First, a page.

Discussion Paper

No. 2009-25 | May 06, 2009
On the Effects of Selective Below-Cost Pricing in a Vertical Differentiation Model

Abstract

We analyse the effects of predation in a vertical differentiation model, where the high-quality incumbent is able to price discriminate while the low-quality entrant sets a uniform price. The incumbent may act as a predator, that is, it may price below its marginal costs on a subset of consumers to induce the rival’s exit. We show that the entrant may adopt an aggressive attitude to make predation unprofitable for the incumbent. In this case predation does not occur and the equilibrium prices are lower than the equilibrium prices which would emerge in a contest of explicitly forbidden predation. Moreover, we show that when the incumbent may choose whether to price discriminate or not before the game starts, if the quality cost function is sufficiently convex, there always exists a parameter space on which the incumbent prefers to commit not to price discriminate.

JEL Classification

D43 L12 L41

Cite As

Stefano Colombo (2009). On the Effects of Selective Below-Cost Pricing in a Vertical Differentiation Model. Economics Discussion Papers, No 2009-25, Kiel Institute for the World Economy. http://www.economics-ejournal.org/economics/discussionpapers/2009-25

Assessment



Comments and Questions


Anonymous - Generalizations
May 10, 2009 - 08:37

The paper deals with an interesting issue and provides very convincing arguments to show the predatory potential of price discrimination in the framework of a vertical differentiation duopoly. It also shows that an entrant may use sufficiently aggressive pricing to prevent the incumbent from predatory pricing of his product which ...[more]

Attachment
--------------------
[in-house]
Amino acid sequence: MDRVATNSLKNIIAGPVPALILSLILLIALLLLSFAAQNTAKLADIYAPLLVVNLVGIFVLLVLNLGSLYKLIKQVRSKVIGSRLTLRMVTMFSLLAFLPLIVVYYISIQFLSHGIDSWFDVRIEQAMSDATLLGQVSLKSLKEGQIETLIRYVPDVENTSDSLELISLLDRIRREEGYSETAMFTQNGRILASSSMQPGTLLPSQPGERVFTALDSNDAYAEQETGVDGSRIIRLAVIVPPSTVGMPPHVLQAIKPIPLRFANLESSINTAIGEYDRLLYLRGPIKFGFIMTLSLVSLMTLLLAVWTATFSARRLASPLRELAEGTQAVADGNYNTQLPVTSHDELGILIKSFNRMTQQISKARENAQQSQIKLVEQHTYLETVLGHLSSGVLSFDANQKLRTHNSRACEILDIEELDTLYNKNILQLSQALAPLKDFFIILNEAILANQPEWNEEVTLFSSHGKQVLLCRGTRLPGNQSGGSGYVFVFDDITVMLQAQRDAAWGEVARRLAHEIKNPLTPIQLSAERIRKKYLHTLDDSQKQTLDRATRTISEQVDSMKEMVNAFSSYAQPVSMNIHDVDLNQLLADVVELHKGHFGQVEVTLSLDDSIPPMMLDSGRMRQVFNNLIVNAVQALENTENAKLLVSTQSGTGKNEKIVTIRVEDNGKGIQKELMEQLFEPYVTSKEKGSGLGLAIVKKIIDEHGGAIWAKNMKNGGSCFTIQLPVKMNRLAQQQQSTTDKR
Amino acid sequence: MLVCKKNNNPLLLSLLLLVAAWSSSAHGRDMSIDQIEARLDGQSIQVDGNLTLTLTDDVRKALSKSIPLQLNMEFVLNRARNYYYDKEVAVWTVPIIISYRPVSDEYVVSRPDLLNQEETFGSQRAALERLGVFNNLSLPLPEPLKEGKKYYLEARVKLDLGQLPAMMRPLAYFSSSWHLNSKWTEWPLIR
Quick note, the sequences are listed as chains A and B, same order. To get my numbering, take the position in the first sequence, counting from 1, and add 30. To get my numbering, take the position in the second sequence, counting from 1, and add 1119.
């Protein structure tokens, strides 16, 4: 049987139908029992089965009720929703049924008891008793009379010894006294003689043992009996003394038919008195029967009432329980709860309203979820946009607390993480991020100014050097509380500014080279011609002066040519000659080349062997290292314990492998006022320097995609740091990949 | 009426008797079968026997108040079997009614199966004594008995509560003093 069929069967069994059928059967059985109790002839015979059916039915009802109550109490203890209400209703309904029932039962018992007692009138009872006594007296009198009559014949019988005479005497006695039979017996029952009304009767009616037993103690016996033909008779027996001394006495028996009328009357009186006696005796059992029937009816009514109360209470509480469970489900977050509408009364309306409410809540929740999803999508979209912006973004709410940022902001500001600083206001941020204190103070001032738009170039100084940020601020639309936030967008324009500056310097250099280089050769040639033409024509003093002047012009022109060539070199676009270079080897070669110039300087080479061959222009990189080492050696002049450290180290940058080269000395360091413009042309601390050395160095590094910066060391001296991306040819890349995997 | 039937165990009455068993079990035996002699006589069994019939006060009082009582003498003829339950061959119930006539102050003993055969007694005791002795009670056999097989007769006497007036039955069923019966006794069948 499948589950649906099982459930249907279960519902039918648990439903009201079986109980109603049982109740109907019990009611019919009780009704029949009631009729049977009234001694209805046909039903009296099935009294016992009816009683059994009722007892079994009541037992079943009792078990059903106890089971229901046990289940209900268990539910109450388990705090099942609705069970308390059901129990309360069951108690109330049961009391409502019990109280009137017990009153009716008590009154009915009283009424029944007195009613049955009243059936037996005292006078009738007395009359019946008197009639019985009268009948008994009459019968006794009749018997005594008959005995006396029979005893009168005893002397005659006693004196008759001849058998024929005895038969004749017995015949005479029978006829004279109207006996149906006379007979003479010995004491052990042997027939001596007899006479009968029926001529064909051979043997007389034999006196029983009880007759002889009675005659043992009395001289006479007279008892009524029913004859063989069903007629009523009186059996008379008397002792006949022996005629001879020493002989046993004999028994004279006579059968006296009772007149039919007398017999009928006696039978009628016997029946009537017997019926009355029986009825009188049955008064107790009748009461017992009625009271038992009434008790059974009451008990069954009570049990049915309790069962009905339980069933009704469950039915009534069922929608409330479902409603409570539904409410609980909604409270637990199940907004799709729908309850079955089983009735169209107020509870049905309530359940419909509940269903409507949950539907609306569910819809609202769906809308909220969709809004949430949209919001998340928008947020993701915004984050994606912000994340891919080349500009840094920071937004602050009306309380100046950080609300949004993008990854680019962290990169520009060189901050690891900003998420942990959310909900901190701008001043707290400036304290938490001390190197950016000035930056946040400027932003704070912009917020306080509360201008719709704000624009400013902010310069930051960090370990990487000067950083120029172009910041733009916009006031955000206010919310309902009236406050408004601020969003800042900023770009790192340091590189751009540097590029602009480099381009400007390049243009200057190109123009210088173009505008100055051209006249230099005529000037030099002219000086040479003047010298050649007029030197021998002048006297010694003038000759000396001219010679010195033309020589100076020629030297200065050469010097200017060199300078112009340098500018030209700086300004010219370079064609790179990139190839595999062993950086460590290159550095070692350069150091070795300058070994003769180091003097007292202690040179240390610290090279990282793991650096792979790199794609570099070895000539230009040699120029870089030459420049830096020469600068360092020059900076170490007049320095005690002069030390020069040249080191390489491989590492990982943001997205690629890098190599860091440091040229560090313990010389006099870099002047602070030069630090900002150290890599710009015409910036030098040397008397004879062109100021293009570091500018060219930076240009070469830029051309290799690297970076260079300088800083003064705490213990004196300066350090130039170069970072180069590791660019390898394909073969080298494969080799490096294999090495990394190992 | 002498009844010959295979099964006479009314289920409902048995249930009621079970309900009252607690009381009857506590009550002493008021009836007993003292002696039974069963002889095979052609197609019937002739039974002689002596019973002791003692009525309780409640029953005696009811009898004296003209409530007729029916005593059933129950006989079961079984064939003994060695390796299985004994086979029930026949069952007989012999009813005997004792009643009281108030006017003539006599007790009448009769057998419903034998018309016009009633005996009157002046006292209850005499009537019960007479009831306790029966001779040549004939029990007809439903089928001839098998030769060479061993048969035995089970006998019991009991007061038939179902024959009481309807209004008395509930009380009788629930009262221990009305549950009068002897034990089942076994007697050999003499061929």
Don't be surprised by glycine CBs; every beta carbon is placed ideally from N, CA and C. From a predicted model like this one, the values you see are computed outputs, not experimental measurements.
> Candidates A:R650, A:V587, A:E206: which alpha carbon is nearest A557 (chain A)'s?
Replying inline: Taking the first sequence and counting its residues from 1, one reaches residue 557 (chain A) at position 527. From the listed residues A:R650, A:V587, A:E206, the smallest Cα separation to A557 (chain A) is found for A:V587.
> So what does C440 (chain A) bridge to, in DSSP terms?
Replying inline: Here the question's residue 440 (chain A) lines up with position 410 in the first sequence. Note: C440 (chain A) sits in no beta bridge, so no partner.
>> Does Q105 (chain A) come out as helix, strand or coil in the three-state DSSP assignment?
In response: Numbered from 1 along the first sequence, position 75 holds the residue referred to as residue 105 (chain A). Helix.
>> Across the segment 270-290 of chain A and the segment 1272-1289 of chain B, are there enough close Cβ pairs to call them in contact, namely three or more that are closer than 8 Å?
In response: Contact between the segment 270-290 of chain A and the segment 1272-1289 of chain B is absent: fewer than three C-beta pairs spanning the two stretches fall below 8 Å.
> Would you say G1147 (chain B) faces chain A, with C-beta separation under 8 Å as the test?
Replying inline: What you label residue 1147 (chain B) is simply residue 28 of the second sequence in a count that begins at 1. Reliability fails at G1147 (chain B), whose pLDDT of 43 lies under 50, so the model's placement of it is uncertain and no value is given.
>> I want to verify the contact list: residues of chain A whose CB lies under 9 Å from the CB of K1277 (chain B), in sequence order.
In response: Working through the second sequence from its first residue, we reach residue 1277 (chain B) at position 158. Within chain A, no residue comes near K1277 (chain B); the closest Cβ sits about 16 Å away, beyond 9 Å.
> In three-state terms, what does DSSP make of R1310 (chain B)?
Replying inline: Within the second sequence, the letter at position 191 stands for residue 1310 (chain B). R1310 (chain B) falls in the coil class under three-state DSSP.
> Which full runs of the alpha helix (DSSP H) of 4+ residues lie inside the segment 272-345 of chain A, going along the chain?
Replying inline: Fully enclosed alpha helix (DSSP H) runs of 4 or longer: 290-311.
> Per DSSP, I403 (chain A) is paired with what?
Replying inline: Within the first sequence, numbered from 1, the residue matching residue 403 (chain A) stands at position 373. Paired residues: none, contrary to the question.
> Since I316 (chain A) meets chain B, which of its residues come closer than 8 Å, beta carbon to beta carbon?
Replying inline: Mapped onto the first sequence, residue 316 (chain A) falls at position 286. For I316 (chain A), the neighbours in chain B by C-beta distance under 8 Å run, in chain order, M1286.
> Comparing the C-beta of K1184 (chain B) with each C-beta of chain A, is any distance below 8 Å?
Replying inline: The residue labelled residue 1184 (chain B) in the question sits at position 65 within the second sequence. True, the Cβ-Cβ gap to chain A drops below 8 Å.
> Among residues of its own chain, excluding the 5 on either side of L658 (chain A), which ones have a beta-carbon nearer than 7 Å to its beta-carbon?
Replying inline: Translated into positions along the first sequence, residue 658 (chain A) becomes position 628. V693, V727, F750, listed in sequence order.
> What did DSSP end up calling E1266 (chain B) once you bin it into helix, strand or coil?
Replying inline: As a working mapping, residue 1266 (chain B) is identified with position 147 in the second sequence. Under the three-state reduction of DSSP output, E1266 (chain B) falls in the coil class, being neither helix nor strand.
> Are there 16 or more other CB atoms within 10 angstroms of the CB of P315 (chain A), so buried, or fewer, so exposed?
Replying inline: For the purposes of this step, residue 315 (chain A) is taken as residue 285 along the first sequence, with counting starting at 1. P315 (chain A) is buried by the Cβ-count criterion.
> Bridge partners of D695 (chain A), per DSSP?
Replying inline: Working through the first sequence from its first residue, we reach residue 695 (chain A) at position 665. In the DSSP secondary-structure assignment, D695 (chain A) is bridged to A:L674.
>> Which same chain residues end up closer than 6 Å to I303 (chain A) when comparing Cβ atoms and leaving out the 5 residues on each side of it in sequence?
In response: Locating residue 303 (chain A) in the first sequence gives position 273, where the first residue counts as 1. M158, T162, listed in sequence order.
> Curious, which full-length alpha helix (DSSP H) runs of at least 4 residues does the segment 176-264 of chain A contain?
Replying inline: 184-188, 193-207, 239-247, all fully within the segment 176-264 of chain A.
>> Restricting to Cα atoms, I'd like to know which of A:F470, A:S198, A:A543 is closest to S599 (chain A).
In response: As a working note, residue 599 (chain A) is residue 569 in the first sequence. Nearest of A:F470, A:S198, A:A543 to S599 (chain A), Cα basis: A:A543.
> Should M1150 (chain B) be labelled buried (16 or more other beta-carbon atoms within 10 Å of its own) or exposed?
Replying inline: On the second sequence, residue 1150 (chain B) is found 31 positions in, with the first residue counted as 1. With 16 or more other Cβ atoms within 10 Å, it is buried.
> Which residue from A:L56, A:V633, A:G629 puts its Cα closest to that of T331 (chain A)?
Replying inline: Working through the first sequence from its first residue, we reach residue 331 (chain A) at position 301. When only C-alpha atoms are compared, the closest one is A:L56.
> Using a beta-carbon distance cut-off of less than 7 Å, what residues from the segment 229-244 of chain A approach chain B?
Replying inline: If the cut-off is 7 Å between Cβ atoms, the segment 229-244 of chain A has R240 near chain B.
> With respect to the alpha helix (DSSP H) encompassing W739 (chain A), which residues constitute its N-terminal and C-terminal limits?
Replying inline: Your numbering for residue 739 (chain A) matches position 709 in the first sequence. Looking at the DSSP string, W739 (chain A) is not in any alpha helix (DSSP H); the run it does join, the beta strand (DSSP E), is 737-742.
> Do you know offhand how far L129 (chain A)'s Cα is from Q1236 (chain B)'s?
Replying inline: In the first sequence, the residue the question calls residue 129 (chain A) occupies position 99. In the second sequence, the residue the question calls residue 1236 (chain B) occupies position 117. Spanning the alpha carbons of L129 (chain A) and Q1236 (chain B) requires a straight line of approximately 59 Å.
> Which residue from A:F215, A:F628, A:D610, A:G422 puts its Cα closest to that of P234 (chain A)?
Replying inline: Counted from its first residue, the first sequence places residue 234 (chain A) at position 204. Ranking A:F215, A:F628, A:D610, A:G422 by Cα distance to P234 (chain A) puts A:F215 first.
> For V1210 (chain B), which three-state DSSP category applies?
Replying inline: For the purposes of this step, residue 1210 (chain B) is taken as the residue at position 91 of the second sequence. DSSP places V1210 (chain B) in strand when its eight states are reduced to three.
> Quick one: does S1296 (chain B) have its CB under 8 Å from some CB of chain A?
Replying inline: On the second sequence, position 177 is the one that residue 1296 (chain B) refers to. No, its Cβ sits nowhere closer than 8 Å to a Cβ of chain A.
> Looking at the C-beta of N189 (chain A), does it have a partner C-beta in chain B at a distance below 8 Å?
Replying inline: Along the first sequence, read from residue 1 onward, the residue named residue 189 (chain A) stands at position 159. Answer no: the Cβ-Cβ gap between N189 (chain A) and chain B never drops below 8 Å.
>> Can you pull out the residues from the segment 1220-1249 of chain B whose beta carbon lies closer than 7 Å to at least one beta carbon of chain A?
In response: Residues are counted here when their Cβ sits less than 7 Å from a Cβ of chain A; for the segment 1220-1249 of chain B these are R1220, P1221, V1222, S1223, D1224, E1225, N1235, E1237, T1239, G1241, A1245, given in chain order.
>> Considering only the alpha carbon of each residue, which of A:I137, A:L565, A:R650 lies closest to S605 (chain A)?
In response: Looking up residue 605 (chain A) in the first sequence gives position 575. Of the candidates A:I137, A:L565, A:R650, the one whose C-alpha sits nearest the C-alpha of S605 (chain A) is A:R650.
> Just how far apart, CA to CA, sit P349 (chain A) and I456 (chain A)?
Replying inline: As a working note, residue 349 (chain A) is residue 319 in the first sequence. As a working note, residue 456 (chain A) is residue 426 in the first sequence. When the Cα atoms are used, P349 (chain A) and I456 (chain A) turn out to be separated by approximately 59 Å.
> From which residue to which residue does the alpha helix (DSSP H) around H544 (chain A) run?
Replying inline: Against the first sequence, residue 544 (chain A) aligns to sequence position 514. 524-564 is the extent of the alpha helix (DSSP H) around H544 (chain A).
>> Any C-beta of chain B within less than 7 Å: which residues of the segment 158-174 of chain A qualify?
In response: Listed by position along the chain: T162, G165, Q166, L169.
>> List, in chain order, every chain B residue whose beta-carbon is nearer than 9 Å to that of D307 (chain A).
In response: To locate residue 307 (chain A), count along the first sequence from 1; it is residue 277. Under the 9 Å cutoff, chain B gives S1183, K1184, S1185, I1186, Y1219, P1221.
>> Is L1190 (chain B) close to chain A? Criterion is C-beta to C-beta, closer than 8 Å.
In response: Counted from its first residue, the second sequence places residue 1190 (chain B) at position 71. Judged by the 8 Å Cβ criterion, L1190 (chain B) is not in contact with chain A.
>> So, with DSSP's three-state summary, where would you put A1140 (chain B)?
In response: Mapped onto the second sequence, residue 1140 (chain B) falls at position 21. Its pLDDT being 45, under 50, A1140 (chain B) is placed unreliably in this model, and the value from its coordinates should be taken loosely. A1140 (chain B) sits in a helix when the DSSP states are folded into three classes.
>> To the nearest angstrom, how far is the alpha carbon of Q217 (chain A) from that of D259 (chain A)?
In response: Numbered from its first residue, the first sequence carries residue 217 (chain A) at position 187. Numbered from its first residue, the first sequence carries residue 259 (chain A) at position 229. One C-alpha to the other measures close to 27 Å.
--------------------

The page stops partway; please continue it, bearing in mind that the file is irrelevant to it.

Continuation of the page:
... in its turn may force the incumbent to commit to uniform pricing in order to avoid such a war.

Although I like the paper and its overall approach to such a policy-relevant issue, I would like to point out that some of the assumptions adopted raise serious concerns about the validity of the results as a guide for real-world policy-making.

1. Quality exogeneity: In most cases, the issue of quality choice is a central one in the vertical differentiation literature. In fact, in the context of an incumbent-entrant duopoly, the quality chosen by the entrant is an important aspect of his strategy when entering into the market. How would these results change (especially, considering the implications of quality choice for the timing of the whole game)?

2. Generality of assumption on consumer preferences: The support of consumer preferences ("taste for quality parameter" ranges between 0 and 1) is bound below from 0. We know that if we adopt an alternative interval ranging from theta to theta+1 and we consider the critique by Wauthy (J.Ind.Econ, 1996) the "interior pricing" equilibrium described in Tirole (1988) may be abandoned in favor of "corner pricing" by the low quality firm, setting its price equal to the lowest valuation of its product in the market (p_L=theta·s_L). In this case, the maximum differentiation principle is substituted by an interior equilibrium, involving positive qualities adopted by both firms (making this a critical issue, should the author wish to extend his analysis to an endogenous quality framework as suggested in my first comment).

3. Technology of quality improvements: The author assumes that quality improvements affect variable costs. An equally relevant strand in the vertical differentiation literature (see, for example, Lutz, Lyon, Maxwell, J.Ind.Econ. 2000) assumes that quality affects fixed costs of production. When choosing one approach or the other, an author should be aware of its consequences on the generality of the results. In fact, recently, Liao (Bull.Eco.Res., 2008) has shown that under fixed costs of quality improvements Tirole's (1988) interior pricing totally disappears in favor of Wauthy's (1996) corner pricing, with all the aformentioned conseqences on the (missing here) quality choice stage.